Protect Your Home
Remove debris from under sun decks and porches.
Any porch, balcony or overhang with exposed space underneath is fuel for an approaching fire. Overhangs ignite easily by flying embers and by the heat and fire that get trapped underneath. If vegetation is allowed to grow underneath or if the space is used for storage, the hazard is increased significantly. Clear leaves, trash and other combustible materials away from underneath sun decks and porches. Extend 1/2-inch mesh screen from all overhangs down to the ground. Enclose wooden stilts with non-combustible material such as concrete, brick, rock, stucco or metal. Use non-combustible patio furniture and covers. If you're planning a porch or sun deck, use non-combustible or fire-resistant materials. If possible, build the structure to the ground so that there is no space underneath.
Enclose eaves and overhangs.
Eaves trap the heat rising along the exterior siding. Enclose all eaves to reduce the hazard.
Cover house vents with wire mesh.
Any attic vent, soffit vent, louver or other opening can allow embers and flaming debris to enter a home and ignite it. Cover all openings with 1/4 inch or smaller corrosion-resistant wire mesh. If you're designing louvers, place them in the vertical wall rather than the soffit of the overhang.
Install spark arrestors in chimneys and stovepipes.
Chimneys create a hazard when embers escape through the top. To prevent this, install spark arrestors on all chimneys, stovepipes and vents for fuel-burning heaters. Use spark arrestors made of 12-gauge welded or woven wire mesh screen with openings 1/2 inch across. Ask your fire department for exact specifications. If you're building a chimney, use non-combustible materials and make sure the top of the chimney is at least two feet higher than any obstruction within 10 feet of the chimney. Keep the chimney clean.
Use fire resistant siding.
Use fire resistant materials in the siding of your home, such as stucco, metal, brick, cement shingles, concrete and rock. You can treat wood siding with UL-approved fire retardant chemicals, but the treatment and protection are not permanent.
Choose safety glass for windows and sliding glass doors.
Windows allow radiated heat to pass through and ignite combustible materials inside. The larger the pane of glass, the more vulnerable it is to fire. Dual- or triple-pane thermal glass, and fire resistant shutters or drapes, help reduce the wildfire risk. You can also install non-combustible awnings to shield windows and use shatter-resistant glazing such as tempered or wireglass.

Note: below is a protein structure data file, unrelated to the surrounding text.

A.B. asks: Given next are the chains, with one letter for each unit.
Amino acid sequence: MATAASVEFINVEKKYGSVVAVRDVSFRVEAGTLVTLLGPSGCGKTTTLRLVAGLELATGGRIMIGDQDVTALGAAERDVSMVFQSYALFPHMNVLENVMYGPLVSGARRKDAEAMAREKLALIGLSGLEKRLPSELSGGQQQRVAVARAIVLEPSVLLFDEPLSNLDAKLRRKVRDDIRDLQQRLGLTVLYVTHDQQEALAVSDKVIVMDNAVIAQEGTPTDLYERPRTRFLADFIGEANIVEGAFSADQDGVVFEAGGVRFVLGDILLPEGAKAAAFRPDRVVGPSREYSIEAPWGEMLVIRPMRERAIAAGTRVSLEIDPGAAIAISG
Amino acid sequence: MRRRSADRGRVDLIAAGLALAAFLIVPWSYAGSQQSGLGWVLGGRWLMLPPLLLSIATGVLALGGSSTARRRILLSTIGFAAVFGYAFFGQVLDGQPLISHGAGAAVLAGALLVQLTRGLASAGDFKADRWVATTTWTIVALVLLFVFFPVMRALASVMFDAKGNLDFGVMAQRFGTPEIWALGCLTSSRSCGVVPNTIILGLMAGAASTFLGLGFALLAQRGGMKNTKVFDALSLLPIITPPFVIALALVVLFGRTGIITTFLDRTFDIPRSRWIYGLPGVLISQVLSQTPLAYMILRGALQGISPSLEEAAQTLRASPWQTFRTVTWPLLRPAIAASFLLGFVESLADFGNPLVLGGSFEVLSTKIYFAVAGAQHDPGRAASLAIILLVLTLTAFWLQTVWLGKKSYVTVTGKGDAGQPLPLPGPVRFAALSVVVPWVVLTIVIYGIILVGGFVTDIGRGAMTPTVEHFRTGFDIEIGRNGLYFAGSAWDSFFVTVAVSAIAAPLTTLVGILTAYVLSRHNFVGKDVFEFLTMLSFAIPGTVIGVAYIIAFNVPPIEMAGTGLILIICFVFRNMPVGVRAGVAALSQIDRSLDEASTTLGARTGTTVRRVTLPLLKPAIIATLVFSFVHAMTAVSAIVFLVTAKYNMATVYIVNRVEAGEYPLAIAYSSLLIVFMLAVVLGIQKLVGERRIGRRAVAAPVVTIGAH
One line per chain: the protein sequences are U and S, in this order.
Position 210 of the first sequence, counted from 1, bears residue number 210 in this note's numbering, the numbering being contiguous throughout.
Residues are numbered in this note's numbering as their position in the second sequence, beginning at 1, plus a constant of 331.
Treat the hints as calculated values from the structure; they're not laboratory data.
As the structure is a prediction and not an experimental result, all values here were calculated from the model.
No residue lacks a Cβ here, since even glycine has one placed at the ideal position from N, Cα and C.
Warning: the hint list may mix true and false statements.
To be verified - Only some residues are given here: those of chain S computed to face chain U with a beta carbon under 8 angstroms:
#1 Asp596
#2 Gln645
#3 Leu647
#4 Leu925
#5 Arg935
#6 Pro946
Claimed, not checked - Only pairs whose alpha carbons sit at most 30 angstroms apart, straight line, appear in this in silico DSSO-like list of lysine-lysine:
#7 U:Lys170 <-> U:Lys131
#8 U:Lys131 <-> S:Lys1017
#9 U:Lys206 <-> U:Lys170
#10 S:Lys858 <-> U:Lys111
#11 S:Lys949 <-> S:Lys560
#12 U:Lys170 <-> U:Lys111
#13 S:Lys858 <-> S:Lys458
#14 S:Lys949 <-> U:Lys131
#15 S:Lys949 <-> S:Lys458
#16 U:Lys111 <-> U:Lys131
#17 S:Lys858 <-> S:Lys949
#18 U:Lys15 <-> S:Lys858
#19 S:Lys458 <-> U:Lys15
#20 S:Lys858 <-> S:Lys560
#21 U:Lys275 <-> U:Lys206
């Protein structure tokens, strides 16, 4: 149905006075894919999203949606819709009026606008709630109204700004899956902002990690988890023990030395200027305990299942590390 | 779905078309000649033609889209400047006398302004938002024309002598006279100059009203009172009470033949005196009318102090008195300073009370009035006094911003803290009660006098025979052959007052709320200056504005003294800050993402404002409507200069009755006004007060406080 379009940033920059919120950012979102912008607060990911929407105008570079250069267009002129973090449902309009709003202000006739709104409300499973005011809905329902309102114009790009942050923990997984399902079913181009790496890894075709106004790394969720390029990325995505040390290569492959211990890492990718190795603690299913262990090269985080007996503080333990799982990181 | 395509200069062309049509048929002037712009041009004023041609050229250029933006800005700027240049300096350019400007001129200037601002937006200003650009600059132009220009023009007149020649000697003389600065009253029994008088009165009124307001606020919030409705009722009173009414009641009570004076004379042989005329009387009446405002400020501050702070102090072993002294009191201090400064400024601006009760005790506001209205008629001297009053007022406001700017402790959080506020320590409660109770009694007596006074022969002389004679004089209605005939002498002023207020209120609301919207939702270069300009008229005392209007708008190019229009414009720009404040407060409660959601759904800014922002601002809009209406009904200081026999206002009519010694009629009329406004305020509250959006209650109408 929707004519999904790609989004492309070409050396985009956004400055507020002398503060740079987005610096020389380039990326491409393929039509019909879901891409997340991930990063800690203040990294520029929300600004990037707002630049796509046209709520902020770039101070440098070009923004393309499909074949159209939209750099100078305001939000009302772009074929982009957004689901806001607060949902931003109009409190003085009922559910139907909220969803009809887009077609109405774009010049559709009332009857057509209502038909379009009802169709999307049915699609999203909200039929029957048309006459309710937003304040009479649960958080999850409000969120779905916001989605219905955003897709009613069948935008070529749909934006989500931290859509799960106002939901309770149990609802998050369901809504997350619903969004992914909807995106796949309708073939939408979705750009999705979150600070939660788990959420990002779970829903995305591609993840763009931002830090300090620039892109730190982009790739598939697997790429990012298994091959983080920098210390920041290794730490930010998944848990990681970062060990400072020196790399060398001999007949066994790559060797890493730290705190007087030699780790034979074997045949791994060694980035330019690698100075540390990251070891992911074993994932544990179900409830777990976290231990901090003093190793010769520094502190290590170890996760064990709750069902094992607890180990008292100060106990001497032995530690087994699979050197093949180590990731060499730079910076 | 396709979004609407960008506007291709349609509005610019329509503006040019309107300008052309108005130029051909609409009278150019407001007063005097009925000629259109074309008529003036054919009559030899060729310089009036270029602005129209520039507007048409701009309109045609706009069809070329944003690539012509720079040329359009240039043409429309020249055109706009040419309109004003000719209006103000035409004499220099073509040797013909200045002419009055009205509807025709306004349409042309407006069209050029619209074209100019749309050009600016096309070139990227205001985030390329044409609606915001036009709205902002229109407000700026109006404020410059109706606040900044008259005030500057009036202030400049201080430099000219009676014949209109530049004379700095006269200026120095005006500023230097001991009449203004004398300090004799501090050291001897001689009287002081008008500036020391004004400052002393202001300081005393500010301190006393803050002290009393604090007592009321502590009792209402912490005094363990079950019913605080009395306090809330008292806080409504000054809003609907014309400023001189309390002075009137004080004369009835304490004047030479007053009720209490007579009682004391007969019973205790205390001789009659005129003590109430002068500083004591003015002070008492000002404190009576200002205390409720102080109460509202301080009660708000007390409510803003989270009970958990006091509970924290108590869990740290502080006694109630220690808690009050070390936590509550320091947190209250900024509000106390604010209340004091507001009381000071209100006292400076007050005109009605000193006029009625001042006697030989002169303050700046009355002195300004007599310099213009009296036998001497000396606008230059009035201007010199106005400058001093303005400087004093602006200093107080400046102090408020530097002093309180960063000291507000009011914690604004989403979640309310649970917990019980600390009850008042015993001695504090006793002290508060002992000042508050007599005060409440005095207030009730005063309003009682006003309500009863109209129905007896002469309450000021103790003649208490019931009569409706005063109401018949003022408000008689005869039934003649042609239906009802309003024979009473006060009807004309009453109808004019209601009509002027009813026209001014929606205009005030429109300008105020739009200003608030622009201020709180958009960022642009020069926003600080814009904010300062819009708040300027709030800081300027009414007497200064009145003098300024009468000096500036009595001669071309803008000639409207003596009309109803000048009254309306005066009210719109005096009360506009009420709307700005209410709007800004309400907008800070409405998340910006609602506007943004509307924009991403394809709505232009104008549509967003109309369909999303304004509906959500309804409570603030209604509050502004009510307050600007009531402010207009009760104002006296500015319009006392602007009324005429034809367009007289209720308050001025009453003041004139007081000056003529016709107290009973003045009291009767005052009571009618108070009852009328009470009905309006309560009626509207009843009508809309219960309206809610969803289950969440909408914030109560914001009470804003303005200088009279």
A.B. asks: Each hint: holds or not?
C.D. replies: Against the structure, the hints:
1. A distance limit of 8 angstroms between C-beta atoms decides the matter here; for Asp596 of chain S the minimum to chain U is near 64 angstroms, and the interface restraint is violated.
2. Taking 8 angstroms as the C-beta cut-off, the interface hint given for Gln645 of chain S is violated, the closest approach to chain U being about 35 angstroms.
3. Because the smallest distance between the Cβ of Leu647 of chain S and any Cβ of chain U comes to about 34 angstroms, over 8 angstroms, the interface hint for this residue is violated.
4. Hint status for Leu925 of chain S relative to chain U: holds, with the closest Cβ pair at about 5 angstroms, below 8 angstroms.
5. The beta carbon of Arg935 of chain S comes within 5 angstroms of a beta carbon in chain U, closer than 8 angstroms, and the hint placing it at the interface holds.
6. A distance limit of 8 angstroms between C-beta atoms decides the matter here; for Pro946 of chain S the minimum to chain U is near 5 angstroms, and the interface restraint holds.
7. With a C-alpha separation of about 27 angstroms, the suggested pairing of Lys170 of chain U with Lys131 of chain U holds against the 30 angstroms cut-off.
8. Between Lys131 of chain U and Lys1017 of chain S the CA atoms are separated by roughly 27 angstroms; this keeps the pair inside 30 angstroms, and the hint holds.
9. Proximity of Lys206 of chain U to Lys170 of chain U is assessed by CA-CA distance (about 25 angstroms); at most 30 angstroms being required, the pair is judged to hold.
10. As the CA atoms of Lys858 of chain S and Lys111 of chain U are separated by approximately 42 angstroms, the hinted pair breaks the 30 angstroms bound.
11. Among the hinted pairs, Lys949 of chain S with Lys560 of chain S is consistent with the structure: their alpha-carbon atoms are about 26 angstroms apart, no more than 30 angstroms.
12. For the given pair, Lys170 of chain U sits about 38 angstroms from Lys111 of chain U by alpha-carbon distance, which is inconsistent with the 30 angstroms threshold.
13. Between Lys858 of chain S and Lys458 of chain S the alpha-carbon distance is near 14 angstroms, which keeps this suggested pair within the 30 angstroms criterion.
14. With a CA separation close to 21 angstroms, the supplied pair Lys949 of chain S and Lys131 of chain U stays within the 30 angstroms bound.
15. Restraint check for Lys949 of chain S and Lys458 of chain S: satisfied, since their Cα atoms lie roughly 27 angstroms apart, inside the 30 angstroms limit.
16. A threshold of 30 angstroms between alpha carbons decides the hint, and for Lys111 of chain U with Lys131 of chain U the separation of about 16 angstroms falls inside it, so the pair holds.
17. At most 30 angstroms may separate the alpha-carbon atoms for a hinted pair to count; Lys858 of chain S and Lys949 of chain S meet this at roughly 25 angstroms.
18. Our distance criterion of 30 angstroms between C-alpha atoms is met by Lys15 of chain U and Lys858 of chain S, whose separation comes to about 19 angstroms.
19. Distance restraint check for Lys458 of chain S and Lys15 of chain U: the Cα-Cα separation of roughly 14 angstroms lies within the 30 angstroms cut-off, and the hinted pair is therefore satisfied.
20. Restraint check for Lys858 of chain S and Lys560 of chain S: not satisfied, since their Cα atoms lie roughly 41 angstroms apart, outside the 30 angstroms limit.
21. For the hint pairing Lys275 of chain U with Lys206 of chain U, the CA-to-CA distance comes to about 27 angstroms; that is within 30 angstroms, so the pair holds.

Other safety measures to consider at the time of construction or remodeling.
- Choose locations wisely; canyon and slope locations increase the risk of exposure to wildland fires.
- Use fire-resistant materials when building, renovating, or retrofitting structures.
- Avoid designs that include wooden decks and patios.
- The roof is especially vulnerable in a wildfire. Embers and flaming debris can travel great distances, land on your roof and start a new fire. Avoid flammable roofing materials such as wood, shake and shingle. Clear gutters of leaves and debris.
Before the Fire Approaches Your House
- Evacuate. Evacuate your pets and all family members who are not essential to preparing the home. Anyone with medical or physical limitations and the young and the elderly should be evacuated immediately.
- Wear Protective Clothing.
- Remove Combustibles. Clear items that will burn from around the house, including wood piles, lawn furniture, barbecue grills, tarp coverings, etc. Move them outside of your defensible space.
- Close/Protect Openings. Close outside attic, eaves and basement vents, windows, doors, pet doors, etc. Remove flammable drapes and curtains. Close all shutters, blinds or heavy non-combustible window coverings to reduce radiant heat.
- Close Inside Doors/Open Damper. Close alt doors inside the house to prevent draft. Open the damper on your fireplace, but close the fireplace screen.
- Shut Off Gas. Shut off any natural gas, propane or fuel oil supplies at the source.
- Water. Connect garden hoses. Fill pools, hot tubs, garbage cans, or arge containers with water.
- Pumps. If you have gas-powered pumps for water, make sure they are fueled and ready.
- Ladder. Place a ladder against the house in clear view.
- Car. Back your car into the driveway and roll up the windows.
- Garage Doors. Disconnect any automatic garage door openers so that doors can still be opened by hand if the power goes out. Close all garage doors.
- Valuables. Place valuable papers, mementos and anything "you can't live without" inside the car in the garage, ready for quick departure. Any pets still with you should also be put in the car.
Preparing to Leave
- Lights. Turn on outside lights and leave a light on in every room to make the house more visible in heavy smoke.
- Don't Lock Up. Leave doors and windows closed but unlocked. It may be necessary for firefighters to gain quick entry into your home to fight fire. The entire area will be isolated and patrolled by sheriff's deputies or police.